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Thursday, January 26, 2006

The non-persecution of Egypt's Christians

OK, it was naïve of me to imagine that the Beeb does its own news-gathering in southern Egypt. The BBC report on the church attack in el-Udaysaat came straight from Reuters.

Compare and contrast this from Reuters…

‘The Christians called the police when the group set fire to building materials with which they planned to turn a house into a church.’

…with this alternative version…

‘Muslims who heard prayers from the all-night service in the community center threw torches into the building at 4 a.m. Thursday, Egyptian daily Al-Akhbar reported today.’ (source here)

Partisan though this source may be, given that two Christians have so far died it seems reasonably plausible to me that something more than an attack on a stack of planks was involved.

Reuters now have an update which in turn comes from IRIN, a news agency run by the UN Office for the Coordination of Humanitarian Affairs. This piece is suggestive of an interesting balance of forces within the organization that produced it. On the one hand, somebody somewhere cares enough about the plight of the Copts to make sure the issue got covered. On the other hand, it is clear that somebody else is imposing strict limits on what may be said. There can be ‘sectarian friction’ in Egypt, there can be ‘religious intolerance’, there can be ‘violent clashes’, but what there absolutely mustn’t be is a wave of vicious persecution of Christians by Muslim militants. Who would think of suggesting such a thing, anyway? Well, wouldn’t you know it…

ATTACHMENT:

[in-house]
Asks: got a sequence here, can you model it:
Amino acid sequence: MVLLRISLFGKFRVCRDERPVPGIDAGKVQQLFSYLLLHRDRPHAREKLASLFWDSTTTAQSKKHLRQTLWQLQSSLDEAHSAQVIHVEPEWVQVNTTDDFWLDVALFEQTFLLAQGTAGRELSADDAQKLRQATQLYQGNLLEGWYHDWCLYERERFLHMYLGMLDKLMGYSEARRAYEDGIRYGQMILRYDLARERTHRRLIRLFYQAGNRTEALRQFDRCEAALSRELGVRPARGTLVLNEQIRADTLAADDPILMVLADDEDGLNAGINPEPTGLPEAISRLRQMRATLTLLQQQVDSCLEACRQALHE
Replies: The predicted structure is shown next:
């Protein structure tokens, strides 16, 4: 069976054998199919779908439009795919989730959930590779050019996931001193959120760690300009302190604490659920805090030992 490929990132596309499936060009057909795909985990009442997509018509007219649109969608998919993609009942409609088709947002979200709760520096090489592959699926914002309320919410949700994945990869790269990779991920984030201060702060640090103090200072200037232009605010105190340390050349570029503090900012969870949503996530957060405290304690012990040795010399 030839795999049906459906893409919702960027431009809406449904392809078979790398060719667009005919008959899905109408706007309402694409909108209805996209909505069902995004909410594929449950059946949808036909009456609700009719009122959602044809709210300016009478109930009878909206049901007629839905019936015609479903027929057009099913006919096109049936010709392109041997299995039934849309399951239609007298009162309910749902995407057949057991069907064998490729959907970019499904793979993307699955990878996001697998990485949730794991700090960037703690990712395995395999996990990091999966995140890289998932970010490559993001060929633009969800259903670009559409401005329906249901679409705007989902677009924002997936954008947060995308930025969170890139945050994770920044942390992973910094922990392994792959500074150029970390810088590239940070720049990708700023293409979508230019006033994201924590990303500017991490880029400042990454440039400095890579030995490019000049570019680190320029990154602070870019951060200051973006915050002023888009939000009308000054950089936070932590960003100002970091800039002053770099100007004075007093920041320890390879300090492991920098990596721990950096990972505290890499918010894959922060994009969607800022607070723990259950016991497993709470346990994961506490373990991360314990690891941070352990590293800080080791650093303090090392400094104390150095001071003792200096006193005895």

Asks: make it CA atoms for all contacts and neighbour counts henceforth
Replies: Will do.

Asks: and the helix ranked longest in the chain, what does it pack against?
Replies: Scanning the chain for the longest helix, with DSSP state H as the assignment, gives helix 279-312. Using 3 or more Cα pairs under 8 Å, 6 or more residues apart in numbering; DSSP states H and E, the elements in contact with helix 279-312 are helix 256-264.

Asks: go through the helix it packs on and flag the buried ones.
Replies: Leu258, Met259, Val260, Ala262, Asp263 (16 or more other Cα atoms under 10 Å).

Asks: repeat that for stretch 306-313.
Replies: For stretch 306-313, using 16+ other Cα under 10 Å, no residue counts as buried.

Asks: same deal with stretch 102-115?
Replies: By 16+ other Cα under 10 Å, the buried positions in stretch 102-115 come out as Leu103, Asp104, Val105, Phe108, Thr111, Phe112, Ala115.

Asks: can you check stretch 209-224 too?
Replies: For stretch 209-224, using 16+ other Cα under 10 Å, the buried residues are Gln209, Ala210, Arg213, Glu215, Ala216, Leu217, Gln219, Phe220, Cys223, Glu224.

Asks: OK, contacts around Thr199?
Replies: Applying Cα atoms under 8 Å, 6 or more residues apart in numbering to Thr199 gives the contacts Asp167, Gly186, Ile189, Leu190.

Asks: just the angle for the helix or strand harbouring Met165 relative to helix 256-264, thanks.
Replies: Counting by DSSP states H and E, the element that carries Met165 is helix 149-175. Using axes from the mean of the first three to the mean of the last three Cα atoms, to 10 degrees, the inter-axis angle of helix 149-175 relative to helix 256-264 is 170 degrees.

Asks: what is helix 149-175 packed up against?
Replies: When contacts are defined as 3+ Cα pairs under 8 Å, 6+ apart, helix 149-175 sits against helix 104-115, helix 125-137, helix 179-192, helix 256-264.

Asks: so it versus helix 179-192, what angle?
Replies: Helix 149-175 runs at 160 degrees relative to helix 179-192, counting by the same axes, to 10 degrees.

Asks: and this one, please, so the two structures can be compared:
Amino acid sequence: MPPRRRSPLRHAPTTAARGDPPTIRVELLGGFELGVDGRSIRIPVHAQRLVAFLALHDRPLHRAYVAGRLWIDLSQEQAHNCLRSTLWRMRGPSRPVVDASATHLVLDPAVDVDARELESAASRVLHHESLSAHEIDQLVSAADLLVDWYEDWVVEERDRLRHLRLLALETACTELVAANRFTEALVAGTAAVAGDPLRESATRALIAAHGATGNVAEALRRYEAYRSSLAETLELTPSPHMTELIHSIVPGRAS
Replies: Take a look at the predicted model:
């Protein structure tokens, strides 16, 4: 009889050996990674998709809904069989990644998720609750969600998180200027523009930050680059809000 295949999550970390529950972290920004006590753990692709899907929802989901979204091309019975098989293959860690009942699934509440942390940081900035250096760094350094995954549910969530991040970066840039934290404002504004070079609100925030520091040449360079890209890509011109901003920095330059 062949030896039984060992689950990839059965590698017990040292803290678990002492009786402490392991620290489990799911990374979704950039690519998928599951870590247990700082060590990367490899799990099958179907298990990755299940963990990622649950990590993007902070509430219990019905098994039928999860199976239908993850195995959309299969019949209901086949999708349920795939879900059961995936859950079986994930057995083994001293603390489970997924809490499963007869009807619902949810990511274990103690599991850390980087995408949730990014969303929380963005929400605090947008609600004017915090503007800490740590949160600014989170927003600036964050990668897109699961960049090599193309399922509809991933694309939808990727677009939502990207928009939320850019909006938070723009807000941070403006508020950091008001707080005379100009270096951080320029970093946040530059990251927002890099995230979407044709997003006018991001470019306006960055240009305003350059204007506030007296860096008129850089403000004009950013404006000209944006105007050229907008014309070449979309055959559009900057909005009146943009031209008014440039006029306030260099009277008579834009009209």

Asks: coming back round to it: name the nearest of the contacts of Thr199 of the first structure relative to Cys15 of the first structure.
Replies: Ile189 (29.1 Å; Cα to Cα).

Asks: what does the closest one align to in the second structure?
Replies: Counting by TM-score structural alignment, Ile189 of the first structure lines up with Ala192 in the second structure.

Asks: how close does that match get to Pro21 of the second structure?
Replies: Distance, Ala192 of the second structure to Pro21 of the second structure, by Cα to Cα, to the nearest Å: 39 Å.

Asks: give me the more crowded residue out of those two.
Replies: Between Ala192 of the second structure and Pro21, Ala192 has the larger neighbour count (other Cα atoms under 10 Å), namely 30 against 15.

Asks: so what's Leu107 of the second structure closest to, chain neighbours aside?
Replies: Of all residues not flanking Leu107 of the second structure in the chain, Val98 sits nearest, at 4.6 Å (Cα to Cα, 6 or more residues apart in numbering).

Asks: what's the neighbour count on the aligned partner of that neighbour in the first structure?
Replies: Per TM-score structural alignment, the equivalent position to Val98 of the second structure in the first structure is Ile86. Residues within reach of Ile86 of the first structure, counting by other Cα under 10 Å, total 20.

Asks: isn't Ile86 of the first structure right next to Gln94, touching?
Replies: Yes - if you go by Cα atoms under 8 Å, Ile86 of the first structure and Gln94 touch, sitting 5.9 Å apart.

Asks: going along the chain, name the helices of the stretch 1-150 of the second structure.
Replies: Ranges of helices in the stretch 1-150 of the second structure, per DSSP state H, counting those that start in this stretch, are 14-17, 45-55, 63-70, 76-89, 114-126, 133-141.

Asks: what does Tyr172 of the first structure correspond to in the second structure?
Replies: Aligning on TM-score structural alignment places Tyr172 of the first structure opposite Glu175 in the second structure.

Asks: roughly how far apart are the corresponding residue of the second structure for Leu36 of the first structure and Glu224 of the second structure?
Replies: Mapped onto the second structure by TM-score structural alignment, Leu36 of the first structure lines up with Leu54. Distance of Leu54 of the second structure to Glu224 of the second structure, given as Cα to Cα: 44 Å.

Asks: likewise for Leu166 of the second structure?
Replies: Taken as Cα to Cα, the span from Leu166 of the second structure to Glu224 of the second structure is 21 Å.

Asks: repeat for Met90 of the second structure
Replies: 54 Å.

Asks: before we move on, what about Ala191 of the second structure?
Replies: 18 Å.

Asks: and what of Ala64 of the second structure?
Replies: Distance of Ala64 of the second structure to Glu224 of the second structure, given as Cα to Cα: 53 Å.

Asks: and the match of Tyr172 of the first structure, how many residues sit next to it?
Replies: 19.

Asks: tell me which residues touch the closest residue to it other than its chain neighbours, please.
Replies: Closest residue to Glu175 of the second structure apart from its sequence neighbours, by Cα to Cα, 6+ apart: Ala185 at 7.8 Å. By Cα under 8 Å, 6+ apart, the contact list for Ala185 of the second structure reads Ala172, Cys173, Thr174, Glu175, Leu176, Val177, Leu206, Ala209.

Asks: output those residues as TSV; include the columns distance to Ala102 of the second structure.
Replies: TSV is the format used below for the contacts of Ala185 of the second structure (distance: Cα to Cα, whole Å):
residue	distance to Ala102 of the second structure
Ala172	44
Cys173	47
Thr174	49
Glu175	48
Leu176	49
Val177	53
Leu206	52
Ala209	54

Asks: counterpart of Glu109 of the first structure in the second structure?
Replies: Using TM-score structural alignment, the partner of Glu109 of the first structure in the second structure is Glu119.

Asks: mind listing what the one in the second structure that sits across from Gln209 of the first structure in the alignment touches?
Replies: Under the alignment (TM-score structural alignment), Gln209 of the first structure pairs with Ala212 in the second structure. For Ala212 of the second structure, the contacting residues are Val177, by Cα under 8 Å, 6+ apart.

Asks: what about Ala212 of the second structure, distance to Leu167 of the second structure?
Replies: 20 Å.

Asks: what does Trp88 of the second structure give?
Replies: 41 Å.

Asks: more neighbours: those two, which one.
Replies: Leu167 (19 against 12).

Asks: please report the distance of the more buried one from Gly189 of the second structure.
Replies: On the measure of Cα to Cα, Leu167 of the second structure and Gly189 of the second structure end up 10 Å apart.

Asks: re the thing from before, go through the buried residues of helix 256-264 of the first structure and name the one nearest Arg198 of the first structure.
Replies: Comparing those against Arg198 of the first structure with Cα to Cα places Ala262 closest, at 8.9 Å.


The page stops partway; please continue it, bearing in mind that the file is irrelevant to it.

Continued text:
‘Some observers have noted that religious intolerance is often aggravated by external influences.

‘One formidable element of the equation is the expatriate Coptic Christian community based in the United States, which has a history of accusing Cairo of “religious persecution”.’

They’re all brainwashed by the Zionist lobby, I presume.

And since there is friction but no persecution, one incident in particular requires very delicate handling:-

‘By far the biggest incident of sectarian friction in recent history, however, was in the village of El-Kusheh, south of Cairo, in 2000.

'After twenty people were killed in armed clashes between Christian and Muslim residents, the government renamed the village Dar El-Salaam, or “Haven of Peace,” hoping to stamp out all traces of animosity.’

Twenty one people were killed, to be precise. One Muslim, twenty Christians. If the Christians were doing any armed clashing, they were evidently extremely poor shots.

‘Bridging the Information Gap’ is the claim IRIN makes for itself. Sometimes, though, when you’re coordinating humanitarian affairs, information is just too dangerous to be passed on without very careful management.

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